How to Protect and Maintain the Gut Microbiome

The easiest way to protect the gut microbiome from alcohol is to simply abstain from consuming alcohol. Not everyone is in favor of being a teetotaller but there are more reasons to avoid alcohol than not. Not to mention that, for some, drinking can be a slippery slope that quickly becomes a bad habit and eventual addiction, complete with the accompanying health concerns. Who needs it?

In the interest of fair reporting, there are some opinions that, because it contains polyphenols that support probiotic activity, red wine “promotes” gut health.[21] In one study, red wine was found to increase Bifidobacterium and Prevotella. This may have beneficial effects on the gut microbiome by lowering plasma lipopolysaccharides, a type of endotoxin that triggers an immune response.[22]

Do follow a healthy lifestyle. Don’t consume alcohol in excess. Do eat plenty of green, leafy vegetables and whole, raw foods. If you don’t eat fermented foods, consider taking a good quality probiotic supplement to encourage a positive, balanced gut environment. The best probiotic supplements contain a blend of probiotic strains. Last year, we released Global Healing's Ultimate Probiotic, a premium probiotic supplement that contains 23 different probiotic strains. The feedback we’ve received from customers is incredible.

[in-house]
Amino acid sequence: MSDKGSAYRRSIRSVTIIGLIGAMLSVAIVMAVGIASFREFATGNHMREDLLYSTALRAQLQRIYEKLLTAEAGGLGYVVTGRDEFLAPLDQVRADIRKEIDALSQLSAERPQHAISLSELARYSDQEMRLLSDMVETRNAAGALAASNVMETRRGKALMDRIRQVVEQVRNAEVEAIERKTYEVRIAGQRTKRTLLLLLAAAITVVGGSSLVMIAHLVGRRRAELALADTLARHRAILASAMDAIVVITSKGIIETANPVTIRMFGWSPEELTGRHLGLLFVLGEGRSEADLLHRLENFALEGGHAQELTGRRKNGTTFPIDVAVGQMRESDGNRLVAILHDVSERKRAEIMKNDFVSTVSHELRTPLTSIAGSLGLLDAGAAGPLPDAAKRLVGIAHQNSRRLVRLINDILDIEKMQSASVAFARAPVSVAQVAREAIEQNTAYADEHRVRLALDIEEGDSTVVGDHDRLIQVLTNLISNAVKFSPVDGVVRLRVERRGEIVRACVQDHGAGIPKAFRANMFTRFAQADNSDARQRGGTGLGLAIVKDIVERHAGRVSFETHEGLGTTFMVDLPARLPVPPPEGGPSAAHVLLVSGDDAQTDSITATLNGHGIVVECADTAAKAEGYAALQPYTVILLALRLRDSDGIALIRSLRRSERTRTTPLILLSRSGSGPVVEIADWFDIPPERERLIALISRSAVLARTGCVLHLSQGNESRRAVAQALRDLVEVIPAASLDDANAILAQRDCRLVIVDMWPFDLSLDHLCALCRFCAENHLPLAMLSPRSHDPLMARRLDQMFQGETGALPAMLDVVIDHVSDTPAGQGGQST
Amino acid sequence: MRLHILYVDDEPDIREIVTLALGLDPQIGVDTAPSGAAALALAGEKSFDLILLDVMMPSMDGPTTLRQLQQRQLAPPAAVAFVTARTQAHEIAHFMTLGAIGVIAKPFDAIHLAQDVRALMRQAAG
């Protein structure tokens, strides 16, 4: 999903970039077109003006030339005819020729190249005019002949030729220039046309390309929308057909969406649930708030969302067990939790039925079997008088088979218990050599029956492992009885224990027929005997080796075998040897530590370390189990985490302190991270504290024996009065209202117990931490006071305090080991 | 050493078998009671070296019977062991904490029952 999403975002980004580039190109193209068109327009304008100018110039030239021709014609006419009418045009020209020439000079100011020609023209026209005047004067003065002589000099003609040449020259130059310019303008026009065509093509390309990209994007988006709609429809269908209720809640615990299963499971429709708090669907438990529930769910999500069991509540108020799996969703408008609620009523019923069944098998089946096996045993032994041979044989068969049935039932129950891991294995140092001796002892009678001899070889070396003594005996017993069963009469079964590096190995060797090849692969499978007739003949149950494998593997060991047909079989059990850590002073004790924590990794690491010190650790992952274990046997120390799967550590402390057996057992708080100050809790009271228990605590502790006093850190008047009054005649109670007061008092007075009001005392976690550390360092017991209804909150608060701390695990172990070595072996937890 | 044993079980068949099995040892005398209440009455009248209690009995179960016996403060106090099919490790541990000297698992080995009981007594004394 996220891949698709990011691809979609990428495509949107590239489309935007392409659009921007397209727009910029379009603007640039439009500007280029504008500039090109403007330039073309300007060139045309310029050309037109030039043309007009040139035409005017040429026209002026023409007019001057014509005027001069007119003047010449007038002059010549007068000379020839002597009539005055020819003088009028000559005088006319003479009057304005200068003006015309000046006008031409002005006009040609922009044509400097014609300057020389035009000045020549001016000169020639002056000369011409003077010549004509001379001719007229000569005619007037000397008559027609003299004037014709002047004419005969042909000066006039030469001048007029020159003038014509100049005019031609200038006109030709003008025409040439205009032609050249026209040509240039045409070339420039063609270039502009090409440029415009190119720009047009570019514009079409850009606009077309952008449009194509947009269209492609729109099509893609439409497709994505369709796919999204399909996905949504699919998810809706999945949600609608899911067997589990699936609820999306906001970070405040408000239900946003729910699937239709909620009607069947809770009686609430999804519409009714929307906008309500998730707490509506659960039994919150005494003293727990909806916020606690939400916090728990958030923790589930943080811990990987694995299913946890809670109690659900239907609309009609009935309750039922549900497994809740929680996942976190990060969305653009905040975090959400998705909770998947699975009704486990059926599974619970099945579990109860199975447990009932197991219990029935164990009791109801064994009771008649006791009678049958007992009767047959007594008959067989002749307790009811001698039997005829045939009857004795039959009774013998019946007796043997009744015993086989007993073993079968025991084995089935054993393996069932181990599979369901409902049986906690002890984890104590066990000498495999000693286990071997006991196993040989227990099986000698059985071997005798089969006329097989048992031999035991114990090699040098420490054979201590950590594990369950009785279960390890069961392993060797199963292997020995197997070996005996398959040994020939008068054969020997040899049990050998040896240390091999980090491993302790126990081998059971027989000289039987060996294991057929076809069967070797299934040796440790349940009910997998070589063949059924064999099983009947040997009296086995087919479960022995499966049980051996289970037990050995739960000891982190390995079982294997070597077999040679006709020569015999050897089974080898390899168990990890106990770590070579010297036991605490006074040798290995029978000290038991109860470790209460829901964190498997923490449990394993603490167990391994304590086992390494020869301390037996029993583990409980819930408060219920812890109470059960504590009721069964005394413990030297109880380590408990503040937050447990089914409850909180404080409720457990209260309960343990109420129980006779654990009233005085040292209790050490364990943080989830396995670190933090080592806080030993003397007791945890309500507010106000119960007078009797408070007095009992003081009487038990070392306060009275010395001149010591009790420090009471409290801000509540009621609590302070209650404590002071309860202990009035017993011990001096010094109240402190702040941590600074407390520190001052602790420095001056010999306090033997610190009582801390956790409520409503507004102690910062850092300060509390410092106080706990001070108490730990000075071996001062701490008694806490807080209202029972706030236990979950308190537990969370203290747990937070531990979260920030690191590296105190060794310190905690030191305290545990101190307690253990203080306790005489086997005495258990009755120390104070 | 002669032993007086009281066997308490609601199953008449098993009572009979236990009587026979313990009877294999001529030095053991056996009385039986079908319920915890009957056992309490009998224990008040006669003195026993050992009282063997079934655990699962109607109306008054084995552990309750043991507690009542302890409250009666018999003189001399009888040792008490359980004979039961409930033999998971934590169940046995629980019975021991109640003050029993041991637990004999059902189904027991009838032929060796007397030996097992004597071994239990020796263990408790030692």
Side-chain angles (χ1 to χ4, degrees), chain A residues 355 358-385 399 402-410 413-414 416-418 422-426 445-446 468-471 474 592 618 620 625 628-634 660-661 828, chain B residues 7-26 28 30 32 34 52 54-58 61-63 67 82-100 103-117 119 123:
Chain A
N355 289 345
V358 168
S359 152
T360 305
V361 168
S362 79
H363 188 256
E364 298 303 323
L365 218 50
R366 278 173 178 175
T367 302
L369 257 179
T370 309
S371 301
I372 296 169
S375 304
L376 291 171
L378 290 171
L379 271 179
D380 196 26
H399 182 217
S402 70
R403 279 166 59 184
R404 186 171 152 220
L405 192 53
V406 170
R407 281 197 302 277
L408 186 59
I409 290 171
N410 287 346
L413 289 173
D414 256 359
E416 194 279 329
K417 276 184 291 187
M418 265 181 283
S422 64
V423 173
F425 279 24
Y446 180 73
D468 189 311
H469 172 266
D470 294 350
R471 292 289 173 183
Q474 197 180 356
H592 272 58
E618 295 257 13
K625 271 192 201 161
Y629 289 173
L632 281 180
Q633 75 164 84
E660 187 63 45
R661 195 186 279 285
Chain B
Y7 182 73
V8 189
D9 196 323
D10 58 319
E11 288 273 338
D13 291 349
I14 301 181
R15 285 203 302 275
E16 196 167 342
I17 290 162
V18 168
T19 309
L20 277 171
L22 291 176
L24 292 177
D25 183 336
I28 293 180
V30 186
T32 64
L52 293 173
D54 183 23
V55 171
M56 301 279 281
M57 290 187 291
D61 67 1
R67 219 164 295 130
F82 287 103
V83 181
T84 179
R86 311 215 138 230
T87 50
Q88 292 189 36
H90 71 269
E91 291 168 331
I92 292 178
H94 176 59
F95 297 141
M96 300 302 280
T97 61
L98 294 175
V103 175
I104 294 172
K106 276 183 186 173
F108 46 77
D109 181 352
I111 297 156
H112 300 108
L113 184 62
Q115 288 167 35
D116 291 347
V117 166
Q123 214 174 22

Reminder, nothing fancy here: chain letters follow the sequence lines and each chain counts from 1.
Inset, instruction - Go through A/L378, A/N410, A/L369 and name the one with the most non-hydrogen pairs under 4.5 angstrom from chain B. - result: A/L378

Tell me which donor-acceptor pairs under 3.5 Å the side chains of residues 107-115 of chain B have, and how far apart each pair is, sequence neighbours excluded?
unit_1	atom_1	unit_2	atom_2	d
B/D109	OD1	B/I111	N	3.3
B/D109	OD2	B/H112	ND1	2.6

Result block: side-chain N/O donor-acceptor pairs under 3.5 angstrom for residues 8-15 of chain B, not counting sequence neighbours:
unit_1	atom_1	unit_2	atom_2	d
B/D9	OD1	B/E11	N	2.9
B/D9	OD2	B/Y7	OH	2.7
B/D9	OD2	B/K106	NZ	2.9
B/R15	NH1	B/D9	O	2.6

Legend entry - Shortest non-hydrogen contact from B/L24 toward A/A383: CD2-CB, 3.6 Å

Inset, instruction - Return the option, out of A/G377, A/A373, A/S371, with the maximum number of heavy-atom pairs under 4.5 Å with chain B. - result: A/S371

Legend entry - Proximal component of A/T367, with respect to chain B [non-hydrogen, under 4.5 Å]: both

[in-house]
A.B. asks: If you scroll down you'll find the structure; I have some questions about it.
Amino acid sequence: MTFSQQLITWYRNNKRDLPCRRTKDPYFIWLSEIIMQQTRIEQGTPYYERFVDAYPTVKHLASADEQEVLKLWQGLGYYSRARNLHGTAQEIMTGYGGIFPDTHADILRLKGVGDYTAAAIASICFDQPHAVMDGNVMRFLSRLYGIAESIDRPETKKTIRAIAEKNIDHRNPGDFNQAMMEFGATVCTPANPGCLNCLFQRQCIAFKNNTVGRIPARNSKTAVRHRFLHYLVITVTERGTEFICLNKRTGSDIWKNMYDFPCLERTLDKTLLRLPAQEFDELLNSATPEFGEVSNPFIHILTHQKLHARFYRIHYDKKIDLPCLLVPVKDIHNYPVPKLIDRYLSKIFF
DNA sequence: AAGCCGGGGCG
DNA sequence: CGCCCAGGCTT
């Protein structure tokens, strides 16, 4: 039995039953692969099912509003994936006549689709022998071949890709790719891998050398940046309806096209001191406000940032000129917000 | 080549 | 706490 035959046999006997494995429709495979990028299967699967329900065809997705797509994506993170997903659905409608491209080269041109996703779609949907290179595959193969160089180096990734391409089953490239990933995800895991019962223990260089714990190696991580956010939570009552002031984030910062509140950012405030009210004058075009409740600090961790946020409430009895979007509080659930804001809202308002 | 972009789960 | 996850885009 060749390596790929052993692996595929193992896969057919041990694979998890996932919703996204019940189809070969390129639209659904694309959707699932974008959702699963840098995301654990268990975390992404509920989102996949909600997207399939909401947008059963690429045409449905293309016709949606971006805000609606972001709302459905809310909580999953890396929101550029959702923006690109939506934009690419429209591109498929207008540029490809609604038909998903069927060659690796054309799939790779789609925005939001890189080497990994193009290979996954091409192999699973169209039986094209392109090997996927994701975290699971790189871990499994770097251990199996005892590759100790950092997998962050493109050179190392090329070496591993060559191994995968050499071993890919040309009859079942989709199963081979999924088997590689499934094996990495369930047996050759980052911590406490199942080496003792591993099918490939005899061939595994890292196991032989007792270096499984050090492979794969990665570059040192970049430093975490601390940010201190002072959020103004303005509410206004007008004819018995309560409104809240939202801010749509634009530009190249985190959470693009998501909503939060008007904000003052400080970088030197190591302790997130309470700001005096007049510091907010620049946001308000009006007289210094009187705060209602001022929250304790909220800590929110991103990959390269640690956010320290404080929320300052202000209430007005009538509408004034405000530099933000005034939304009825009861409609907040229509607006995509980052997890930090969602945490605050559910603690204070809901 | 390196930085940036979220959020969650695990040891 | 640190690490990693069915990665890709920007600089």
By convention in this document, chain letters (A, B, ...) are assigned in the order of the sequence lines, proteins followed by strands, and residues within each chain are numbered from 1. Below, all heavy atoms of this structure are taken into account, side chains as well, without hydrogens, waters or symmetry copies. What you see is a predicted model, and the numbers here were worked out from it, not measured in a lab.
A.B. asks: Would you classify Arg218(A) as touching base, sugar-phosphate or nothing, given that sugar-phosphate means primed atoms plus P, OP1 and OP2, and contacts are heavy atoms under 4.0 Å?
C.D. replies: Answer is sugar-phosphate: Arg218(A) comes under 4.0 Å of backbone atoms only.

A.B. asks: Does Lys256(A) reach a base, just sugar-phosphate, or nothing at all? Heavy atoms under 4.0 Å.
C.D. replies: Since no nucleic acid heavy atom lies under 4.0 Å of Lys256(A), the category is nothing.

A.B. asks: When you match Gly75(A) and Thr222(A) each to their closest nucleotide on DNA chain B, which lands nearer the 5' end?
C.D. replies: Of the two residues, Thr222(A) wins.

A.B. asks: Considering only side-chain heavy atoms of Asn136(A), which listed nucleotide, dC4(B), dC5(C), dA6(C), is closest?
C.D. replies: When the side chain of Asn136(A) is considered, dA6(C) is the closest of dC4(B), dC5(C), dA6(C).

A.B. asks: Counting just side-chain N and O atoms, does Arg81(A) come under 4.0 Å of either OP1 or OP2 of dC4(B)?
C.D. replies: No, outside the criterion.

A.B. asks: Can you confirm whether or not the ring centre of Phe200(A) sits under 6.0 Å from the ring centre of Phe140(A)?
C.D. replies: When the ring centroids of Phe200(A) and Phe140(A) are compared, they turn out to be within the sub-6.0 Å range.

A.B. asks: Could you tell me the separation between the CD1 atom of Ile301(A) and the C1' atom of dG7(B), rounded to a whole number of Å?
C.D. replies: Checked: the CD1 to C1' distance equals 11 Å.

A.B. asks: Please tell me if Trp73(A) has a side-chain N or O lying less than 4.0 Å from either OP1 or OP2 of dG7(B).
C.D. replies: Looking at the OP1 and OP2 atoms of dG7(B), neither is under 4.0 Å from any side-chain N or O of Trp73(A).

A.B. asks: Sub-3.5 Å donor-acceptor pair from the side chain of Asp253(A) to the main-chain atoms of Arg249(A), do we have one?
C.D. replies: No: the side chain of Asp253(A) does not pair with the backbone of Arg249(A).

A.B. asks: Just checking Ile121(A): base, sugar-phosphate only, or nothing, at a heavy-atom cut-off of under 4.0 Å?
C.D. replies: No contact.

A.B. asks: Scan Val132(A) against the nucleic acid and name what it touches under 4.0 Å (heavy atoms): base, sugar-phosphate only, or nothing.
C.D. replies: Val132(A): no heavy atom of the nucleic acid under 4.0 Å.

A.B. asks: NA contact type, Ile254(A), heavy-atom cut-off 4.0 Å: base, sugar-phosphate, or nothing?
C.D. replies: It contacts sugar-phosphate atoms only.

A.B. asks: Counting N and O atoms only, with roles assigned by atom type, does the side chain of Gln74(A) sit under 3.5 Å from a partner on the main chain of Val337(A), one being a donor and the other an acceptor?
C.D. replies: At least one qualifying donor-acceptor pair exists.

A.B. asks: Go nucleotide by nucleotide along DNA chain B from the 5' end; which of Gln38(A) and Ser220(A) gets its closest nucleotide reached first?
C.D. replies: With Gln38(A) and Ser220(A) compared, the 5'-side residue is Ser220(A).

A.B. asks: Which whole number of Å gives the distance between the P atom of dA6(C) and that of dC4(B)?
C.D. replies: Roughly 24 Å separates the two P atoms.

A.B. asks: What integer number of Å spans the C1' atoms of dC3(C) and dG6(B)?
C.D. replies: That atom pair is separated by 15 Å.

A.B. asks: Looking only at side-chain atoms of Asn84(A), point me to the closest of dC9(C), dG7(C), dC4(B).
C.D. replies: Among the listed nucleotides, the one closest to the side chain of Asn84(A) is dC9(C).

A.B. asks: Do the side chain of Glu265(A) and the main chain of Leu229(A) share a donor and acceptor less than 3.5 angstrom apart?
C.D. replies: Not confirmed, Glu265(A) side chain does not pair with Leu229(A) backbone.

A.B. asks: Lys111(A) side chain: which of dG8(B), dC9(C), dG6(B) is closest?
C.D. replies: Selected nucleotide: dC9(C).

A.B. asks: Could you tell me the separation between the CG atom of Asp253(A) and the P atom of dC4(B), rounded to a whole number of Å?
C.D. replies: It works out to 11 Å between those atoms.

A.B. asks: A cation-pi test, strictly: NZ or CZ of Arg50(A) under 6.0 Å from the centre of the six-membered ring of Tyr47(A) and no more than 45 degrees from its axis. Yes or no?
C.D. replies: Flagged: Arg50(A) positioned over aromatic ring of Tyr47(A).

References (22)
  1. National Institute on Alcohol Abuse and Alcoholism. Alcohol Facts and Statistics.
  2. Mutlu EA1, Gillevet PM, Rangwala H, Sikaroodi M, Naqvi A, Engen PA, Kwasny M, Lau CK, Keshavarzian A. Colonic microbiome is altered in alcoholism. Am J Physiol Gastrointest Liver Physiol. 2012 May 1;302(9):G966-78. doi: 10.1152/ajpgi.00380.2011. Epub 2012 Jan 12.
  3. Phillip A. Engen; Stefan J. Green, Ph.D.; Robin M. Voigt, Ph.D.; Christopher B. Forsyth, Ph.D.; and Ali Keshavarzian, M.D. The Gastrointestinal Microbiome: Alcohol Effects on the Composition of Intestinal Microbiota.
  4. University of Utah Health Sciences. The Human Microbiome. Genetic Science Learning Center. 2016.
  5. Hawrelak JA, Myers SP. The causes of intestinal dysbiosis: a review. Altern Med Rev. 2004 Jun;9(2):180-97.
  6. Mutlu EA, Gillevet PM, Rangwala H, Sikaroodi M, Naqvi A, Engen PA, Kwasny M, Lau CK, Keshavarzian A. Colonic microbiome is altered in alcoholism. Am J Physiol Gastrointest Liver Physiol. 2012 May 1;302(9):G966-78. doi: 10.1152/ajpgi.00380.2011. Epub 2012 Jan 12.
  7. National Institutes of Health. NIH Human Microbiome Project defines normal bacterial makeup of the body. NIH. June 13, 2012.
  8. Medscape. Alcohol and Gut Microbiota.
  9. Bode C, Bode JC. Effect of alcohol consumption on the gut. Best Pract Res Clin Gastroenterol. 2003 Aug;17(4):575-92.